Is Corporate Culture Really Real? by @HRTMExec

One of the biggest buzzwords in the professional world today is “corporate culture.” Job candidates are asked how they think they’ll fit into the corporate culture, and employers are urged to maintain a strong, positive brand identity within their corporate culture. What exactly is corporate culture, though? Does it really exist as prevalently as shop talk would have us believe, or is it just a phrase tossed around without any real thought as to what it means? If it does exist, is it something that can be changed through one or two hiring decisions?

Let’s take a quick look at what a corporate culture should entail. Culture is typically used to describe the set of customs, traditions, and values of a society or community, such as an ethnic group or nation. To be a true “corporate culture,” the concept must be constructed from the beliefs, behaviors, and interactions between employees and managers, as well as how outside business transactions are handled. A true corporate culture does not develop quickly; rather, it develops organically over time from the combined traits of the leaders of the company and the people the company hires.

“The vast majority of companies like to talk about corporate culture, most often in the concept of changing it,” says executive coach Richard Merrick of Grow House Initiative Ltd. Merrick has more than 20 years of experience in helping businesses develop their strategic directions and leadership capabilities and has seen firsthand what corporate cultures really look like.

The whole notion of a corporate culture is, by definition, about as easy to change as any other form of culture. You don’t change a national culture overnight, because the culture itself has been developed over a long period. Likewise, a corporate culture cannot be changed overnight, because it has developed around a culmination of the people comprising that company.

“We end up using ‘company culture’ as a convenient shorthand without really thinking through what it is,” Merrick states. He’s absolutely right, because if you stop and think about how difficult a culture is to change swiftly, it will become clear that corporate culture is just as slow to change. Changing a culture takes time, so when corporations speak about changing their “culture,” they are really planning to change something dramatically different.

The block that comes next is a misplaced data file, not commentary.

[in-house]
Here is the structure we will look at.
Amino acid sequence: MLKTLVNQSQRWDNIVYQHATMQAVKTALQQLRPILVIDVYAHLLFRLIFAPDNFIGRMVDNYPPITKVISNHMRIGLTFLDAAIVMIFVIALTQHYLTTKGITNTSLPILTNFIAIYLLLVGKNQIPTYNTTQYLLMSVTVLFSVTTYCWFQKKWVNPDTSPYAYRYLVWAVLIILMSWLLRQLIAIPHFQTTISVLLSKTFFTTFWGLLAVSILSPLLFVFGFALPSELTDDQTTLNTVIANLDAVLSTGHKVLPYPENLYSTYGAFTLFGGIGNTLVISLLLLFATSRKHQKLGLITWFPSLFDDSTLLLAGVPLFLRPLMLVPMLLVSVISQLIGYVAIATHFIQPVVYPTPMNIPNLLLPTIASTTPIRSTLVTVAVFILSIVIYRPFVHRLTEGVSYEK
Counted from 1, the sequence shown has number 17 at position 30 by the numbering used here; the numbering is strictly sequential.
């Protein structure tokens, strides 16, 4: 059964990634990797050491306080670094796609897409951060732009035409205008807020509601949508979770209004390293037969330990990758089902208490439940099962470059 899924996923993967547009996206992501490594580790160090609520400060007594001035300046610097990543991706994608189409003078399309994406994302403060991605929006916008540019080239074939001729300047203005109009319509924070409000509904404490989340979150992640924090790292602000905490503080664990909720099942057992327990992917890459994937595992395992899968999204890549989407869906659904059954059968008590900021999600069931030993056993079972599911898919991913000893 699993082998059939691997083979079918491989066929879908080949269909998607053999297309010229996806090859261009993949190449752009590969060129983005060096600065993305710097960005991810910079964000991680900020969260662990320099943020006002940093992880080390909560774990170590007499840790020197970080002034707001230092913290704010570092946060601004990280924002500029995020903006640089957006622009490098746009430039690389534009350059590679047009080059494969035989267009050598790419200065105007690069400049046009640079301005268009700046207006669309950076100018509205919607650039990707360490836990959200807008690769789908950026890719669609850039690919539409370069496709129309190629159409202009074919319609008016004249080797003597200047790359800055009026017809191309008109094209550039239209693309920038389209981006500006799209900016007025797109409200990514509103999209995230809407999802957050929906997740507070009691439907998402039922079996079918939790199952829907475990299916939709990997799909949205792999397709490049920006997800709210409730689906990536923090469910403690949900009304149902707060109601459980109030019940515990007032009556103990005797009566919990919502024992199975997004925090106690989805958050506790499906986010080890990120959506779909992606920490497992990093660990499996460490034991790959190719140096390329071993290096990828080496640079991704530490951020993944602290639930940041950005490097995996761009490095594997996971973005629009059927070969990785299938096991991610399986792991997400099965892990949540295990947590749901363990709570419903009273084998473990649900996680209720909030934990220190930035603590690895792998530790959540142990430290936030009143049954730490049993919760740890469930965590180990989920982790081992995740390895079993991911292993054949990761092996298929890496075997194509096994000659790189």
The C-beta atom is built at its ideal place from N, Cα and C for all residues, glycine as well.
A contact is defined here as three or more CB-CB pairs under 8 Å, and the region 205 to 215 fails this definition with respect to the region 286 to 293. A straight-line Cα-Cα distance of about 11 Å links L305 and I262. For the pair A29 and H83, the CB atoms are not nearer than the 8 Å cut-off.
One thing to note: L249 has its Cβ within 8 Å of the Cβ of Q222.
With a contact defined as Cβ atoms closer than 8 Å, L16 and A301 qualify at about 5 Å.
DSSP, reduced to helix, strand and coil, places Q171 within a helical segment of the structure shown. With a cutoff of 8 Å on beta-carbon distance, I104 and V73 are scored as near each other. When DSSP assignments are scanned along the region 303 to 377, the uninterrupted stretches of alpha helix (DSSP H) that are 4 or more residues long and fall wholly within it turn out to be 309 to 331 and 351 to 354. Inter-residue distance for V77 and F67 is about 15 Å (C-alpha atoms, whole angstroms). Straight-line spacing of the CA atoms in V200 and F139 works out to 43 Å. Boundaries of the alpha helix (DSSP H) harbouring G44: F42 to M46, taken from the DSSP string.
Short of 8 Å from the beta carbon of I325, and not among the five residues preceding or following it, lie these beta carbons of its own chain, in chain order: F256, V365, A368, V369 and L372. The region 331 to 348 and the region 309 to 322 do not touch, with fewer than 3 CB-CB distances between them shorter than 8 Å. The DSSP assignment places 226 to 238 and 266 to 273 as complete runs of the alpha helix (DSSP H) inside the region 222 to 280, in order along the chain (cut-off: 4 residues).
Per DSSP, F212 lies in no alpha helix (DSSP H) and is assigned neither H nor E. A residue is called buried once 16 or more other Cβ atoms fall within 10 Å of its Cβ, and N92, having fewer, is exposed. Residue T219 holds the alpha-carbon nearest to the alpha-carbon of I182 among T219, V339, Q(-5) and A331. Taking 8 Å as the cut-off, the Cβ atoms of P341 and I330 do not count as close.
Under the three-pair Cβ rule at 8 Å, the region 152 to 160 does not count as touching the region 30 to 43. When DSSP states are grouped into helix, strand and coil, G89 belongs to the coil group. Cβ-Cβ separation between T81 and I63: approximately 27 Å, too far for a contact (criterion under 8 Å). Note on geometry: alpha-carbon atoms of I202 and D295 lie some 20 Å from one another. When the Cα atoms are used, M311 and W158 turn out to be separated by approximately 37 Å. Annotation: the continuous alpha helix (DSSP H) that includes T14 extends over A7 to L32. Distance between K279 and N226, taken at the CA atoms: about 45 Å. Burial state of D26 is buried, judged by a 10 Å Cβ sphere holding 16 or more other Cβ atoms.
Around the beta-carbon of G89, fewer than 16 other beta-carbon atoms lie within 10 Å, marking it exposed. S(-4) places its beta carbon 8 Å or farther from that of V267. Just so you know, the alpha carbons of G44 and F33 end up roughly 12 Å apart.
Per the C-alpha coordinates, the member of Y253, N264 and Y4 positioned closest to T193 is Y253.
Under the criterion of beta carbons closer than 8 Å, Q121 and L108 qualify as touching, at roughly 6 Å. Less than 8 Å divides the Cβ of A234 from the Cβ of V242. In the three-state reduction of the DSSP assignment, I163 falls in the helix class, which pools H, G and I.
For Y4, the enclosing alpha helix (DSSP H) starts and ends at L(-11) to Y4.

On the other hand, corporate cultures do tend to show a half-life, meaning the corporate culture erodes over time. Very few Fortune 500 corporations retain a corporate culture, Merrick claims, because of their very nature of being money-centric. “Where the corporate mission is more detached, in part because it’s geared around shareholder interests or some other money-centric focus, that’s much more difficult to build a culture around.”

Merrick points to Apple as a corporation that might have a corporate culture. If so, that culture was built around Steve Jobs, as well as the leaders he chose and the employees that became a part of Apple. According to Merrick, what is looked at as a corporate culture is often unsustainable, rising and falling with the presence or absence of an individual in the business. A truly strong corporate culture, though, survives the departure of that leader. “The test of it,” Merrick explains, “is what happens to it with changes in leadership. Does a new leader come in and become a part of it, or do they create their own culture? The real test will come when somebody comes in and replaces Tim Cook [current CEO of Apple]. What happens when he leaves? Benchmark that against what Cook does with the culture and what the succeeding leadership does with the culture, and that will determine how engrained the culture really is.”

Cultural change is only seen in retrospective, not in the moment of change. This is because the “moment” of change is really a vast collection of moments: moments when leadership changes, moments when HR professionals bring in new talent, and moments when corporate values shift or evolve. It is important for human resources professionals to keep corporate culture in mind when recruiting individuals, but it is equally important not to think that hiring one individual will change the company’s culture. Rather, the culmination of beliefs and attitudes of the employees will generate cultural change.

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